Moreover, the bill directs the Commerce Department to establish a grant program to promote broadband deployment on a state-by-state basis, with eligible entities required to match up to 20% of the federal grant amount. Among other things, grant recipients must survey broadband speeds in their states, map broadband deployment on a state-by-state basis, and suggest strategies for expanding use of technology in underserved areas. Although earlier versions of the bill would have appropriated $300 million in grants to states to finance broadband mapping, that provision was dropped and such grants will have to be funded through a future appropriations bill.
The bill also contains a section promoting safe use of the Internet by children. The bill requires the Federal Trade Commission (“FTC”) to conduct a public awareness campaign about safe use of the Internet by children. The bill further requires the Commerce Department to convene an Online Safety and Technology Working Group to review and report to Congress regarding the status of online safety.
Congress Seeks Prepaid Calling Card Reform
On September 10, 2008, the Senate Commerce Committee held a hearing with consumer advocates and FTC Chairman William Kovacic as part of efforts to reform the prepaid calling card industry. Committee member Senator Nelson (D-Fla.) was widely quoted in trade press for demanding an end to “skullduggery” in the industry, including selling cards that provide fewer minutes or charging higher rates than advertised. Chairman Kovacic’s testimony cited low income consumers as particularly susceptible to the unfair and misleading pricing and advertisement practices rampant among calling card providers.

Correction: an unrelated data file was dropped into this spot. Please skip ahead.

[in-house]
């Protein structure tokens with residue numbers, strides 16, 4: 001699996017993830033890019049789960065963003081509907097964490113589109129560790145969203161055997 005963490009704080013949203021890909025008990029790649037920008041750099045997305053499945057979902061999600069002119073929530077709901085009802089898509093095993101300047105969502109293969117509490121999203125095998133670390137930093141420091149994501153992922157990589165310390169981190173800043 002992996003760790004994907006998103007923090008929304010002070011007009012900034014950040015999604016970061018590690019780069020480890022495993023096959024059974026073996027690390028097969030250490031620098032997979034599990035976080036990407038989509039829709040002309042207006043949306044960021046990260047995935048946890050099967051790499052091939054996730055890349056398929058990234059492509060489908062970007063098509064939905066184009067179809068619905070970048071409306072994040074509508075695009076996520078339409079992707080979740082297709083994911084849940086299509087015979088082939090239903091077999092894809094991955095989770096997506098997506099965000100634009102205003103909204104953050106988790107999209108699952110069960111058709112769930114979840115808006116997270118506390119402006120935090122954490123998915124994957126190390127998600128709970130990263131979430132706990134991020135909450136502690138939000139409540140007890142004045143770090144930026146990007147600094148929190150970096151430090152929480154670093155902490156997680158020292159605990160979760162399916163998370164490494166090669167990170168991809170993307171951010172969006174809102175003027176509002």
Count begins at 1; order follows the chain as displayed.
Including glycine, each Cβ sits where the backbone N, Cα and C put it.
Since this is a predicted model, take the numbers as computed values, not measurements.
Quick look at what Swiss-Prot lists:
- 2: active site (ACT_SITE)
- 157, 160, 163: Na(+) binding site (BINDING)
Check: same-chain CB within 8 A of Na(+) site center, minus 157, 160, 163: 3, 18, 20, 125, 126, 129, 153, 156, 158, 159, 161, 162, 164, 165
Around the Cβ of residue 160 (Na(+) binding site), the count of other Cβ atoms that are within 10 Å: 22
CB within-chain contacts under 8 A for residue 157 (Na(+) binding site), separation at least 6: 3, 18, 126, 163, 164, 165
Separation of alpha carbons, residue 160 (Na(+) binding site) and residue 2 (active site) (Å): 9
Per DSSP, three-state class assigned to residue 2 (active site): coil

Senator Nelson has introduced S-2998, a bill that would direct the FTC to enact new rules requiring prepaid calling card providers and distributors to disclose rates and fees at the point of sale. The bill grants jurisdiction to federal courts over suits brought by the FTC and state officials against bad actors, while keeping intact preexisting state consumer protection rules applicable to calling card providers. Kovacic raised concerns about the bill’s current version, which contains a provision to hold distributors liable for selling fraudulent cards, because of the high evidentiary burden in proving such cases. He also noted that the bill’s exemption from enforcement for cards associated with service on consumer-purchased handsets would cause bad actors to switch their fraudulent businesses to the handset market.
Similar legislation is making its way through the House. Under HR-3402 (the “Calling Card Consumer Protection Act”), which was passed by the House by voice vote on September 25, prepaid calling card providers would be required to disclose terms and conditions to customers. Like the Senate bill, the House bill authorizes the FTC and state officials to sue companies who violate the rules. Unlike the Senate bill, however, HR-3402 creates a limited carve-out for FTC enforcement measures that otherwise would lie within the FCC’s exclusive power over common carriers to prosecute calling card fraud. Opponents of the House bill argue that granting FTC this power duplicates state and local law enforcement.